In 1756, Britain had just entered the Seven Years War (1756-63) against France and needed a bigger army. To meet this demand, the 12th Regiment of Foot raised a 2nd Battalion. Two years later, in 1758, this became a regiment in its own right, with the numeral 65.
Its first overseas deployment was to the West Indies from 1758 to 1763. During this posting, it took part in the capture of the islands of Guadaloupe (1759) and Martinique (1762), and the city of Havana on Cuba (1762).
After a period in England and Ireland, the 65th Foot joined the garrison of Boston in 1769 and so was already in theatre on the outbreak of the American War of Independence (1775-83).
Its grenadier and light companies took part in the attack at Bunker Hill (1775). However, after a single year’s campaigning, the regiment was so depleted that its surviving soldiers had to be drafted to other units and its officers sent back to England to re-recruit.
In 1782, both the 65th Foot and the 19th Foot gained a county association with the North Riding of Yorkshire. The latter became the 19th (1st Yorkshire North Riding) Regiment of Foot, while the former became the 65th (2nd Yorkshire North Riding) Regiment of Foot.
The next overseas posting for the 65th Foot came in 1782-83, when it helped resist the combined forces of France and Spain during the Great Siege of Gibraltar. It then spent a year in Ireland, before seven years in Canada from 1784. A brief spell in the West Indies followed from 1793, following the outbreak of the French Revolutionary Wars (1793-1802).
The regiment sailed from Britain to the Cape of Good Hope in 1800. From there, it sent two companies to fight in the Kandian War in Ceylon (now Sri Lanka) in 1803.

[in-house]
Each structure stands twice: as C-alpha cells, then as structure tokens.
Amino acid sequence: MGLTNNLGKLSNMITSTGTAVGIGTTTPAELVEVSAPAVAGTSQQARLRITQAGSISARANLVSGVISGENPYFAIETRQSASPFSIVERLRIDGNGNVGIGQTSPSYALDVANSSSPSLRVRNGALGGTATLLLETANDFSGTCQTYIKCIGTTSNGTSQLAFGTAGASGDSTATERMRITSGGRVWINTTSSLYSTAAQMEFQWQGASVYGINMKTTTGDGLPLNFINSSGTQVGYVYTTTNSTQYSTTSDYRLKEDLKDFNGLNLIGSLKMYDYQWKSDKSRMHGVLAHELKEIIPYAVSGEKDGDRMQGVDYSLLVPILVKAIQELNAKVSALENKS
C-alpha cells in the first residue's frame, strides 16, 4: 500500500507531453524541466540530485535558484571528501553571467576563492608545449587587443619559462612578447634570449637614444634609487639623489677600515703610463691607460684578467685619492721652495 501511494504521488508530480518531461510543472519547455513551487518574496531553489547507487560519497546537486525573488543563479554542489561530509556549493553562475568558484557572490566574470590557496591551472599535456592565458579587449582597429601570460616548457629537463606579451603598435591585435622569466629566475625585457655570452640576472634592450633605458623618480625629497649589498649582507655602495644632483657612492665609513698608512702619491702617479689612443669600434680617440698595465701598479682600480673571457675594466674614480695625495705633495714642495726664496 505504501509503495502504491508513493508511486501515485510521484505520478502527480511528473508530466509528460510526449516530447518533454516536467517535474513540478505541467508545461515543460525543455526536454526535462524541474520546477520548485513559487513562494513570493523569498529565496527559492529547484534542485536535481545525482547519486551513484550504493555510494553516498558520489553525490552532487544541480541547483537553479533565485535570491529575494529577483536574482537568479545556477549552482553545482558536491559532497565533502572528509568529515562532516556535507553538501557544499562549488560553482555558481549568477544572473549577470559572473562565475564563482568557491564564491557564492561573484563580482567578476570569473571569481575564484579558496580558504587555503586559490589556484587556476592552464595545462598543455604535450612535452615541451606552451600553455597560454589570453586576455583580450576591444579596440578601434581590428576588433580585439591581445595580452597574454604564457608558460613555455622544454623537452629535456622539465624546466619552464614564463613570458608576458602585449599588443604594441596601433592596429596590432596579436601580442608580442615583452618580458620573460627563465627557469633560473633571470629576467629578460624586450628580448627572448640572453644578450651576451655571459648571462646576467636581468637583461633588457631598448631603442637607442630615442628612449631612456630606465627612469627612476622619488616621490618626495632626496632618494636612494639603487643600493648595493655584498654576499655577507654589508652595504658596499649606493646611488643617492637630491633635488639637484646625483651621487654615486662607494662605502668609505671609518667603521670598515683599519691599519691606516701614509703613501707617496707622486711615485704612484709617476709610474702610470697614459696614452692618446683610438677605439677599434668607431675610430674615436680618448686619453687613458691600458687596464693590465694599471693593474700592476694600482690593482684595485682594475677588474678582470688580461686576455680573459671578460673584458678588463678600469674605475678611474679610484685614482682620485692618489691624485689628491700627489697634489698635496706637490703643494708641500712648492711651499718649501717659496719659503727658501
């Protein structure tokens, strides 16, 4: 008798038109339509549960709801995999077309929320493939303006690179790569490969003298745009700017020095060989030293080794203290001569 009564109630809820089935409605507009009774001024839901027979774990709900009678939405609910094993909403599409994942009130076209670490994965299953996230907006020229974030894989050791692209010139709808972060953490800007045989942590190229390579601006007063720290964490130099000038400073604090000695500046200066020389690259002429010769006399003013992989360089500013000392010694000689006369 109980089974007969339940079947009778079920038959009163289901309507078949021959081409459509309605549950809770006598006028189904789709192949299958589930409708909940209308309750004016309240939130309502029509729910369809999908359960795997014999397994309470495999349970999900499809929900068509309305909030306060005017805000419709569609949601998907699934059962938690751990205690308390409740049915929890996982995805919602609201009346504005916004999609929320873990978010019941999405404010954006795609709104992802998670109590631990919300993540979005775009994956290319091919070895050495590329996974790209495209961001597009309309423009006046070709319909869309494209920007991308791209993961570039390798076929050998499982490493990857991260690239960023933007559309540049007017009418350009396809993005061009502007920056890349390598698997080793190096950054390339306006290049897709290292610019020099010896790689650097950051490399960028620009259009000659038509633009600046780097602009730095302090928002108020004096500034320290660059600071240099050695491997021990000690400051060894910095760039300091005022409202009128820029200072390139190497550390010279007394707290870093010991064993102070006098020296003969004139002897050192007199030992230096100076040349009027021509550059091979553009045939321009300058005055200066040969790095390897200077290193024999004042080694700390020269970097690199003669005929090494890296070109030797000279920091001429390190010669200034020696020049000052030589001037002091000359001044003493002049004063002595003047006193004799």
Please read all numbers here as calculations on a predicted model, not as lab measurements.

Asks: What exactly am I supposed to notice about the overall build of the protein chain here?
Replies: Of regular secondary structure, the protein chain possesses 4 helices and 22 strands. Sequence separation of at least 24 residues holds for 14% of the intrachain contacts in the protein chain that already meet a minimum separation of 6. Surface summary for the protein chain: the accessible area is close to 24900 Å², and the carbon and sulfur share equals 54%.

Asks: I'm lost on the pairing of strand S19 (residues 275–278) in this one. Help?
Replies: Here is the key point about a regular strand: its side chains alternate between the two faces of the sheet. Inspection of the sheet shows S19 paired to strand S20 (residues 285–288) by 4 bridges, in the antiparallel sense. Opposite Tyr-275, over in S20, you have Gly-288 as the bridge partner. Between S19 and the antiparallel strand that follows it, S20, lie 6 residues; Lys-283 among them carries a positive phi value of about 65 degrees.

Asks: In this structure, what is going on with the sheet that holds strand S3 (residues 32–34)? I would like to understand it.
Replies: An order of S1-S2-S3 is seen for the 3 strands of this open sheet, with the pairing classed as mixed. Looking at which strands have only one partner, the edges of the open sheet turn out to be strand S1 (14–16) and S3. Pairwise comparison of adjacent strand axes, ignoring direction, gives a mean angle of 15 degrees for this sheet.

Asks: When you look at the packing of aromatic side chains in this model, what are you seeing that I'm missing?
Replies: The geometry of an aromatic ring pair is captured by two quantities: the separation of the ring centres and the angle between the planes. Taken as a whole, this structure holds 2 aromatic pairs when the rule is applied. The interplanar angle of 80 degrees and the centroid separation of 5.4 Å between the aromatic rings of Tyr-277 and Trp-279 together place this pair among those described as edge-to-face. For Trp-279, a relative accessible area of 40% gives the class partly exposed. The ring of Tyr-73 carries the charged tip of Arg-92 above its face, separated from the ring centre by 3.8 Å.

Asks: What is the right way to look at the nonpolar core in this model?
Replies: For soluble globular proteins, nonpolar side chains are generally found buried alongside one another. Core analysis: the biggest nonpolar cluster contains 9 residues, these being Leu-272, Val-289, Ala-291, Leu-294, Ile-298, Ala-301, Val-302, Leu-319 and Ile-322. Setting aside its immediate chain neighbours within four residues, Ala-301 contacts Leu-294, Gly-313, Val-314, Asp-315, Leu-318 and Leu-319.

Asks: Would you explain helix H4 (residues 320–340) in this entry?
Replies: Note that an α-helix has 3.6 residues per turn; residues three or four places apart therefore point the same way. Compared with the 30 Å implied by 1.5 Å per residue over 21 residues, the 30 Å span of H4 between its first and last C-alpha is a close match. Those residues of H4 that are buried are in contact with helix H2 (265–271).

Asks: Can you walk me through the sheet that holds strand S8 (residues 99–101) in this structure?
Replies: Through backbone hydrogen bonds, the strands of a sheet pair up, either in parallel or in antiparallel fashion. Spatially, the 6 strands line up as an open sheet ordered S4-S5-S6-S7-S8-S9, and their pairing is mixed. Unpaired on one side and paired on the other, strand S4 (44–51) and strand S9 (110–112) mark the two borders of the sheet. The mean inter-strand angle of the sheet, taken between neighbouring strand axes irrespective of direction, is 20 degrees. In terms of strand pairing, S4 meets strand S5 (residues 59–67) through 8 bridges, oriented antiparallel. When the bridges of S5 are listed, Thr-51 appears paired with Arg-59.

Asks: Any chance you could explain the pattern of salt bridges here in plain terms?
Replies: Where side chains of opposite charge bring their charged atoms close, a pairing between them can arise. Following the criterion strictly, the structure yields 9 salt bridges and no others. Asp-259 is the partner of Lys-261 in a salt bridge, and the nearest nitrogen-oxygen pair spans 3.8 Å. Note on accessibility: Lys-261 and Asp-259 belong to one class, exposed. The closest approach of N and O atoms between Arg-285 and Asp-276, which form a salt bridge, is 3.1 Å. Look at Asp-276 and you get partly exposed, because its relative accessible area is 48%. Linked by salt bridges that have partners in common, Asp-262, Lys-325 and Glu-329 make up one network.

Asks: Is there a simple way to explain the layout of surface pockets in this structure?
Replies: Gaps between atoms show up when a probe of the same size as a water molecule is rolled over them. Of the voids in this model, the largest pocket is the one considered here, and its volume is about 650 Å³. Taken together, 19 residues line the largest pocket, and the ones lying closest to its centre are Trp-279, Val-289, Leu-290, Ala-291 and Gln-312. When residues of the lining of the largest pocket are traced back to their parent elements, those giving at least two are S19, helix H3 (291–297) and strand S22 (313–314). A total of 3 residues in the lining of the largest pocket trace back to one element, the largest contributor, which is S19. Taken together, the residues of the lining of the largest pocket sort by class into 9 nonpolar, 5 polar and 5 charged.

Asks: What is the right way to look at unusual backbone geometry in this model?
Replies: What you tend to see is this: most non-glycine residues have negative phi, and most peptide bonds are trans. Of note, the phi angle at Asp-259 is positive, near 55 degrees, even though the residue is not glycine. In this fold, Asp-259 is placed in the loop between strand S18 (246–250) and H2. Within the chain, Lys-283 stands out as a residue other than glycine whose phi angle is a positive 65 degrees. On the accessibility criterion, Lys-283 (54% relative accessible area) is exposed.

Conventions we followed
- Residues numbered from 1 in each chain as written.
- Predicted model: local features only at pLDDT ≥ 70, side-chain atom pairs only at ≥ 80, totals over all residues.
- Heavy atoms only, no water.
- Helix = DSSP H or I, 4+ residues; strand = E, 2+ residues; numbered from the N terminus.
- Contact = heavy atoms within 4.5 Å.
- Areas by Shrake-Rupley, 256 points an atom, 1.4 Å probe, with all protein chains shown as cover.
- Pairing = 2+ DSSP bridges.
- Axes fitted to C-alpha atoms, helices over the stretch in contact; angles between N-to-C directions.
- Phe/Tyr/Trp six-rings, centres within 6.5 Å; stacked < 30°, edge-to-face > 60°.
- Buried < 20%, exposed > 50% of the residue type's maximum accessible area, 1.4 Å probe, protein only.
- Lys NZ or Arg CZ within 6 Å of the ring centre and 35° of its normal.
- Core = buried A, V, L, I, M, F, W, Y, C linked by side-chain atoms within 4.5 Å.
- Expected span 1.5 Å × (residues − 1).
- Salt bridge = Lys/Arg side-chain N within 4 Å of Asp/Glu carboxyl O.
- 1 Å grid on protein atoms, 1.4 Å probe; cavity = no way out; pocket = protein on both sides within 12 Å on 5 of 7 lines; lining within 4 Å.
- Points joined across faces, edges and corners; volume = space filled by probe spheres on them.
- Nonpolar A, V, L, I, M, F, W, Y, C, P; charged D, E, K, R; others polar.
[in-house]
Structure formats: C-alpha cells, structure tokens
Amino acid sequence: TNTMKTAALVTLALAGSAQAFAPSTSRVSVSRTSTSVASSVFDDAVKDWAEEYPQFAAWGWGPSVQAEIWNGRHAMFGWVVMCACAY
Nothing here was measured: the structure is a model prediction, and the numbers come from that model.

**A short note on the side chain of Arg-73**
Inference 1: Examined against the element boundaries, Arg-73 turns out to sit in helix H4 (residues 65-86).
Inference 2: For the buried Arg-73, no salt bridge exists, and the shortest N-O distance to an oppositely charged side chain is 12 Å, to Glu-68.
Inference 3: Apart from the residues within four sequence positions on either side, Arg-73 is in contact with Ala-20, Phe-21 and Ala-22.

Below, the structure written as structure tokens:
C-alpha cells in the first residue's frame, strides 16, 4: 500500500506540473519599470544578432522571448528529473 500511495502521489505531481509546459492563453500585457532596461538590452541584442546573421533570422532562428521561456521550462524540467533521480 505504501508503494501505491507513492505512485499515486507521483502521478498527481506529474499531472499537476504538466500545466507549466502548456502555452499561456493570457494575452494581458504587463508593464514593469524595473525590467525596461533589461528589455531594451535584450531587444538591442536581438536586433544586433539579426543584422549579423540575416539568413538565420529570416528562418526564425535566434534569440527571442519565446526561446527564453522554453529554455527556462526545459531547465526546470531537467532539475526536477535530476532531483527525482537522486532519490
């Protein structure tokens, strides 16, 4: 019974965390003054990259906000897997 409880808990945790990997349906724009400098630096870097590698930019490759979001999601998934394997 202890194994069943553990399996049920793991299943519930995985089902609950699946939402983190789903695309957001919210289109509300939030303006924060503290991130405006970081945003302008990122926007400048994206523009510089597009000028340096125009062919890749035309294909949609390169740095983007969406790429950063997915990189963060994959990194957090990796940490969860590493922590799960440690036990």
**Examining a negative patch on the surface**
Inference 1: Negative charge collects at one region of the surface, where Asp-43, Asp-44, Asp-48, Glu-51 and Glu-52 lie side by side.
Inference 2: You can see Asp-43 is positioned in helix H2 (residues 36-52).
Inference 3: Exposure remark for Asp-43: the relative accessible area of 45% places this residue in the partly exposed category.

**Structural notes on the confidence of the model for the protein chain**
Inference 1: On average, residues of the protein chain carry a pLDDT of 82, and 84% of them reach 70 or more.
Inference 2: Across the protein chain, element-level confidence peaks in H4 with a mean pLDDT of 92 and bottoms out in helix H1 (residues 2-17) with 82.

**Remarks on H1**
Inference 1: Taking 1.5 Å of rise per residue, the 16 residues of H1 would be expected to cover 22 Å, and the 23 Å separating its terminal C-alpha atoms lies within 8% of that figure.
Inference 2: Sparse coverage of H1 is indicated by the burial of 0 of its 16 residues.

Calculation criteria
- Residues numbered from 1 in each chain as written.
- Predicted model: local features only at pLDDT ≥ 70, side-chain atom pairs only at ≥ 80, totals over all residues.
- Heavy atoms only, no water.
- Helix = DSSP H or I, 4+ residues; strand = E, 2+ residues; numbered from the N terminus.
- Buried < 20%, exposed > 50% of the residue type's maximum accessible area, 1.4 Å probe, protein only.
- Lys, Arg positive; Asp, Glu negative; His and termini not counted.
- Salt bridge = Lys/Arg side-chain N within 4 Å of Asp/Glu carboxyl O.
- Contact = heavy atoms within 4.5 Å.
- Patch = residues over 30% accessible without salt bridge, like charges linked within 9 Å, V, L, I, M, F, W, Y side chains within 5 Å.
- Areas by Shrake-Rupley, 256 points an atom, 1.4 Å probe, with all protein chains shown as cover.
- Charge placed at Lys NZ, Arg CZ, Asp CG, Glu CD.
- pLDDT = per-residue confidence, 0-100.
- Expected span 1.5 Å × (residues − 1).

The entire regiment was based in India from 1803 to 1822, fighting in the capture of Mauritius in 1810 and in the Third Maratha War (1817-19). The latter service included the Battle of Kirkee (1817), where the regiment, fighting alongside just over 2,000 East India Company troops, helped defeat Peshwa Baji Rao II's force of 18,000 cavalry and 8,000 infantry.
The 65th also joined the Company's troops in operations against the pirate settlements in the Persian Gulf, making it the only British regiment with ‘Arabia’ as a battle honour. This deployment included the capture of Shinas in what is now Oman in 1810.
On its arrival home in 1823, it was granted the Royal Tiger in honour of its long deployment on the subcontinent.
Over the next 20 years, the 65th spent time garrisoning Britain, Ireland, the West Indies and Canada. From 1846 to 1865, it was in New Zealand, fighting in the Maori Wars (1846-72). According to legend, this posting earned the regiment the nickname 'the Hickety Pips' after the Maoris’ mispronounciation of ‘65th’)
Following this deployment, the unit then spent another six years in England and Ireland, before returning to India in 1871.
The National Army Museum works with a network of Regimental and Corps Museums across the UK to help preserve and share the history and traditions of the Army and its soldiers.
Discover more about the 65th (2nd Yorkshire, North Riding) Regiment of Foot by visiting Clifton Park Museum in Rotherham.